A bearded Muslim man, Dylan Chown one of the leaders of the conference, was talking to a woman with a face-veil. He paused his conversation with her and turned to greet me warmly.  Dylan then turned back to her and apologised, with real feeling in his voice: “I am sorry that I was rude to you”. 

These brief interactions occurred as participants were arriving for the Annual Australian Islamic Schooling Conference held on 13-14 July 2019 at the University of Melbourne, I observed the exchange and thought: this is what Muslims call “Adab”. I had learned at the conference, that Adab was something more than mere manners.

The two  ‘turnings’ (towards me and back towards her) can also be used as a metaphor for the challenge of balancing attending to the priorities of our faith communities, while also relating to people outside those communities.

The Crocodile game – who are my people, I must care for?

At the conference Imam Farhan Khalil, Muslim school principal and Together For Humanity (TFH) board member, Samir Halbouni , Catholic and TFH Senior Educator Education Kate Xavier and l conducted a breakout session together.

One activity involved exploring quotes from Islamic and Jewish sources with similar messages. One set of these quotes was the following pair:

… and to parents do good, and to relatives, orphans, the needy, the near neighbor, the neighbor farther away, the companion at your side, the traveler, and those whom your right hands possess. (The Quran 4:36)

… if a poor person and a rich person come to borrow money, the poor person takes precedence. …If it is between one of the poor of your city and one of the poor of another city, the poor of your city takes precedence. (Talmud, Bava Metzia 71a )

Our workshop also involved a roleplay called the Crocodile Game that explored questions about care for communities of faith vs solidarity with one’s neighbour from other faiths.

I told the conference that navigating my ties to my Jewish community and others has challenged me. I cited the Torah verse: “You shall not mistreat, nor oppress the stranger, as you were strangers in [Pharaoh’s] Egypt” (Exodus 22:20).

As a younger man, I was good at embracing the second half of the verse, with my acute awareness of millenia of persecution of the Jews, including my own grandparents. It was only later in life that I engaged more strongly with the first and main point relating to the treatment of “strangers”. For example to behave with justice toward members of minority groups, not just in deed but even in word and thought.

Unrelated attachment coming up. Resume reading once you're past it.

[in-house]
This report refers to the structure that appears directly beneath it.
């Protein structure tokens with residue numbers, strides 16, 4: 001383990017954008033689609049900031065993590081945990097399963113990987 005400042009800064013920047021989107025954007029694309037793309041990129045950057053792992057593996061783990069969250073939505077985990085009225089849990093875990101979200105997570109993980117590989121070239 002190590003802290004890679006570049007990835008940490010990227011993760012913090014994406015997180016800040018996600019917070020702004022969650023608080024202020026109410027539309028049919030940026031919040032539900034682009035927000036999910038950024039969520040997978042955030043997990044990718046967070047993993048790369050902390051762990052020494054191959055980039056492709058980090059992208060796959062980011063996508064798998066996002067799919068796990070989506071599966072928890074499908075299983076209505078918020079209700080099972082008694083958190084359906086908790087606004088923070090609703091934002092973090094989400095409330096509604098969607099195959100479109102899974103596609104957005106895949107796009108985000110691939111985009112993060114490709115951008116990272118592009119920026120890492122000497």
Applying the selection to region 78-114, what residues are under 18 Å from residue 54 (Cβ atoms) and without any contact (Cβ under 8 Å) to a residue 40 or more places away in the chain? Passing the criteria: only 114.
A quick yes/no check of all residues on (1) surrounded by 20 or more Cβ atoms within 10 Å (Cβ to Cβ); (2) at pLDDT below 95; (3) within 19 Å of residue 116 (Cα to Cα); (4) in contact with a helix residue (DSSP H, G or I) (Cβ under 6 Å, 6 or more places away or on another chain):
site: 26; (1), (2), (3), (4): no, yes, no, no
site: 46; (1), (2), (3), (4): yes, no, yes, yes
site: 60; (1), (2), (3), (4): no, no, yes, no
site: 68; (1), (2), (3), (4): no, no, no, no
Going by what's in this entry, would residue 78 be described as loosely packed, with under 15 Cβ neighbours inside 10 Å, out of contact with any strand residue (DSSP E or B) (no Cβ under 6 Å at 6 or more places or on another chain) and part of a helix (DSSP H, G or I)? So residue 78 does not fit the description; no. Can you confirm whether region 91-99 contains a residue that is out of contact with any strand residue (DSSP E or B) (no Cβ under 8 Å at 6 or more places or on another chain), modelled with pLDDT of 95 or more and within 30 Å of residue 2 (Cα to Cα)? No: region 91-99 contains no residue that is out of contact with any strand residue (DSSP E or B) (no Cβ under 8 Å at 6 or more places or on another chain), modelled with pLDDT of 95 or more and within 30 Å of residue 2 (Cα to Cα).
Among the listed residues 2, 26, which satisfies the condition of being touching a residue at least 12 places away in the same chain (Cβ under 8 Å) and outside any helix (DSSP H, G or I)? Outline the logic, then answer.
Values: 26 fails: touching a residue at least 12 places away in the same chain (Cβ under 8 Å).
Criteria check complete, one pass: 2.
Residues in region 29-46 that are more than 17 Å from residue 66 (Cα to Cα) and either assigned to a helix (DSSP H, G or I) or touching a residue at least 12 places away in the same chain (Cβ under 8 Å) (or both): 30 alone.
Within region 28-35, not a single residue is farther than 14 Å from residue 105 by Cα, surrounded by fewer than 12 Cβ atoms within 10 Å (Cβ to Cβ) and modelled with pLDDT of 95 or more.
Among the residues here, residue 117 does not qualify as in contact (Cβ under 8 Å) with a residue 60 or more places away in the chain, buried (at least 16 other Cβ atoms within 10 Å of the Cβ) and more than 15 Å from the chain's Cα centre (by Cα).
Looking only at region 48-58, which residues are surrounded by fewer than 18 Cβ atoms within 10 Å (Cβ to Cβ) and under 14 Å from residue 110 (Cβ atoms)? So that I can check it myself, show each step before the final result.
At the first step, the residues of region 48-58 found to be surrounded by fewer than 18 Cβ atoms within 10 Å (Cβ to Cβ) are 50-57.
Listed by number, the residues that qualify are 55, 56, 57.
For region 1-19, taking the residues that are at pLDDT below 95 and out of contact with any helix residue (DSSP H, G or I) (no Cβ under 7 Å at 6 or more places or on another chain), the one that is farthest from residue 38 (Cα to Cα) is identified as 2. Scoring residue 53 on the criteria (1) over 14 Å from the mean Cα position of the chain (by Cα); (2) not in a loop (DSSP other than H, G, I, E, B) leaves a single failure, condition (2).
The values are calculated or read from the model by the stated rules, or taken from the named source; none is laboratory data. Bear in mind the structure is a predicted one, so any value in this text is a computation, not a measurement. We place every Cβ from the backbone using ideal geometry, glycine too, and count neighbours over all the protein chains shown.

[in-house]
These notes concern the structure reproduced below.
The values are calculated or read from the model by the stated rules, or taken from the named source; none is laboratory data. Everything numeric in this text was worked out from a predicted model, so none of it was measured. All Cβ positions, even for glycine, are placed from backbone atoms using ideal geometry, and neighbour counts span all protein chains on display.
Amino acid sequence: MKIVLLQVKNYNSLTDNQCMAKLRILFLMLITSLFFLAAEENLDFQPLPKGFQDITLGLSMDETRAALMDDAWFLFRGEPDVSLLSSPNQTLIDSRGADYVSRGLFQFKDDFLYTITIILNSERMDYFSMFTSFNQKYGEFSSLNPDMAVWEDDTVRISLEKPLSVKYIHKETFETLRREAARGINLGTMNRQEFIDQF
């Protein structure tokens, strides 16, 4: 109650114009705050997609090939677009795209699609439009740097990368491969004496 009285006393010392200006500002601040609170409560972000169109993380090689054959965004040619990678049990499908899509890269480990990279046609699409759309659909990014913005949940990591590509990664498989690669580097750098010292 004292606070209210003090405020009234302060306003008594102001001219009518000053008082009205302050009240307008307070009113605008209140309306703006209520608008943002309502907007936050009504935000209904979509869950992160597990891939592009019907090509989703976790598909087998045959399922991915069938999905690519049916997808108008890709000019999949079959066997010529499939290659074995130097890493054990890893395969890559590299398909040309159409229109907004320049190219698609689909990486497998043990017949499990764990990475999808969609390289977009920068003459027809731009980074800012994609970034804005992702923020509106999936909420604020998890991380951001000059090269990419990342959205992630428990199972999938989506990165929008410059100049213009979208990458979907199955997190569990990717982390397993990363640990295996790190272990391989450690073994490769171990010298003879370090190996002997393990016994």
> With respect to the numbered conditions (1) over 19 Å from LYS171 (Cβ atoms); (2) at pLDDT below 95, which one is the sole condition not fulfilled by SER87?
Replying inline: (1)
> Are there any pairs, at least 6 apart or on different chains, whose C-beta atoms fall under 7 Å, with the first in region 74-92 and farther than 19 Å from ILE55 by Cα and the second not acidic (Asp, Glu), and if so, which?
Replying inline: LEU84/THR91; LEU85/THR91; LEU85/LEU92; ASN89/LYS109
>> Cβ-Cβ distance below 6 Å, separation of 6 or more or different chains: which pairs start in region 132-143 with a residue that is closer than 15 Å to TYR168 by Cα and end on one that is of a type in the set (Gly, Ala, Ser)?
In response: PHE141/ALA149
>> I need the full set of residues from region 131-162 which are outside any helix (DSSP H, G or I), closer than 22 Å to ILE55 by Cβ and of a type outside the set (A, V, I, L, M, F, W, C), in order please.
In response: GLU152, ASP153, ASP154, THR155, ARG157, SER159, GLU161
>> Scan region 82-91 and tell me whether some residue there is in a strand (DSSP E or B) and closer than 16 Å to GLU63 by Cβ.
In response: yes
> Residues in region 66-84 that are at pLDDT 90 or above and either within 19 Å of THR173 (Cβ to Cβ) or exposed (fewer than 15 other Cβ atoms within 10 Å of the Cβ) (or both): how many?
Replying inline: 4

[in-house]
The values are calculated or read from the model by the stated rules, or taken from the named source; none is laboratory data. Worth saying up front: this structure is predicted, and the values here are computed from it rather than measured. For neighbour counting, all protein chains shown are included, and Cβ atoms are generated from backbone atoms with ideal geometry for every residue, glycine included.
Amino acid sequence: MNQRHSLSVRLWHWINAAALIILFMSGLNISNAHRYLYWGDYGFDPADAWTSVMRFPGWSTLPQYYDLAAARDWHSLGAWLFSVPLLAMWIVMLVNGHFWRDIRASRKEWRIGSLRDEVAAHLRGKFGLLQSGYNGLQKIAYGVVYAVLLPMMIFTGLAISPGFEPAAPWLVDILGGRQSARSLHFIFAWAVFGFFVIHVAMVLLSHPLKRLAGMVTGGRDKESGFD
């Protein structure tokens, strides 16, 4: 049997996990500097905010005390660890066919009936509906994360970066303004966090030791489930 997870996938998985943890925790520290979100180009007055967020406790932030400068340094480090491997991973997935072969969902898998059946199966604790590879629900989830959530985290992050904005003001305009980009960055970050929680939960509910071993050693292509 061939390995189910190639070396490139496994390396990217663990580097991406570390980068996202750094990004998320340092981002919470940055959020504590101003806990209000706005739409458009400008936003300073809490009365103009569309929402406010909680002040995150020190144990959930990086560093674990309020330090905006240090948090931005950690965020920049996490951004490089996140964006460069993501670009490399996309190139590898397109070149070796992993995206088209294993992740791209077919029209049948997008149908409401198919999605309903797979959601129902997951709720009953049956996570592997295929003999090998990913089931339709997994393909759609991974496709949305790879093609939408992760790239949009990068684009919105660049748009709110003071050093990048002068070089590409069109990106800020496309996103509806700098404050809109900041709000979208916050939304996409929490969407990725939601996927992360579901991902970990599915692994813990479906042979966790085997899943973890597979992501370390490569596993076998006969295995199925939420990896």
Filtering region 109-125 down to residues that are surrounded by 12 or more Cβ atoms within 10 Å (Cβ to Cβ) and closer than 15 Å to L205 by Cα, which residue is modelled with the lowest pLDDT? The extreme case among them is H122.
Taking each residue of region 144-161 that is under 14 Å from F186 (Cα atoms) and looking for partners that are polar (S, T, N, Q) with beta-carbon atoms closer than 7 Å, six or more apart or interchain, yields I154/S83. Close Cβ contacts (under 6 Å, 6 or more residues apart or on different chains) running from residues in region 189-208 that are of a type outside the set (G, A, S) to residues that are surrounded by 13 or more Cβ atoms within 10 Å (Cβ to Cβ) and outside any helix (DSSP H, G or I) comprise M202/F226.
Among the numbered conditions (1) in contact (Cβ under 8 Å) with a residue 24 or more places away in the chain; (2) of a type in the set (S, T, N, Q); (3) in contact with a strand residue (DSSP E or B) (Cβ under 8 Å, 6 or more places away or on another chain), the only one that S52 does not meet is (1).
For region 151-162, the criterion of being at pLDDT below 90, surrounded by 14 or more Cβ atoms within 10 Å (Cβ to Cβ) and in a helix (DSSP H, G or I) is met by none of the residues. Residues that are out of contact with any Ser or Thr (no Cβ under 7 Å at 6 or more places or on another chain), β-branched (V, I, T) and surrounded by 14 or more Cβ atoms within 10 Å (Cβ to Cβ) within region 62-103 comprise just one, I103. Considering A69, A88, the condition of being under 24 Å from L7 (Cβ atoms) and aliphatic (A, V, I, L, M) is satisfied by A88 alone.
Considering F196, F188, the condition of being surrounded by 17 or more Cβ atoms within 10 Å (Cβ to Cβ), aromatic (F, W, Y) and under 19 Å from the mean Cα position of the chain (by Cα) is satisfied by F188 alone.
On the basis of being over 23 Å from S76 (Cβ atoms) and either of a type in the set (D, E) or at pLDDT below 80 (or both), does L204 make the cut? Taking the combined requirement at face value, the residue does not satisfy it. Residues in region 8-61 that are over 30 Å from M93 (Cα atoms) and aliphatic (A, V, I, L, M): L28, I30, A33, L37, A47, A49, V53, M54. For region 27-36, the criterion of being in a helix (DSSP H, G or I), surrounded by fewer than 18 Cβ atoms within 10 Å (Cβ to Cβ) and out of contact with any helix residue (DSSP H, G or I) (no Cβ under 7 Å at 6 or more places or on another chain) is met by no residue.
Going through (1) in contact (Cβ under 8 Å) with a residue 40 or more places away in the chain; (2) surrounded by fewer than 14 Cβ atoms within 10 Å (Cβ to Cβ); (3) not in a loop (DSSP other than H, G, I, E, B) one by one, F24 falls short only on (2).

Afeefa Syeed, the founder of Al Fatih, a Muslim school in the American state of Viriginia, spoke about an example of how her students engaged with people who appeared hostile to them. During the US presidential election many of her students felt concerned about how Muslims were being talked about by candidate Donald  Trump.

The students were encouraged to seek to understand, rather than demonise Trump supporters. They approached voters on election day, and asked them who they voted for and why. They heard from people who had lost their jobs and experienced other hardships, voting out of pain, not hate.

Participants heard from Kathryn Jones about resilience.  Kathryn typically begins her talk by using a bubble machine that creates a continuous stream of soap bubbles that rapidly and continuously appear and disappear.

The bubbles serve as a metaphor for thoughts. “Feelings come from thoughts in the moment…” Kathryn told us Kathryn then blew up a balloon and kept blowing until the balloon popped in a loud bang. The balloon was a metaphor for our minds, and holding on to all the air inside represents  ruminating and not letting go of painful, shameful and angry thoughts.

The pressures that accumulate usually harm the person holding on to those thoughts, and, often enough, also cause harm to others. Dealing with difficult feelings is crucial for well-being and also supports good relations between communities.

 The  goodwill between conference participants does not cancel out the differences between faiths and nations, or the many challenges including choosing when to focus on our own communities or on people outside them.

At the conference it was clear that we must persevere with doing the right thing by both. Indeed, we must.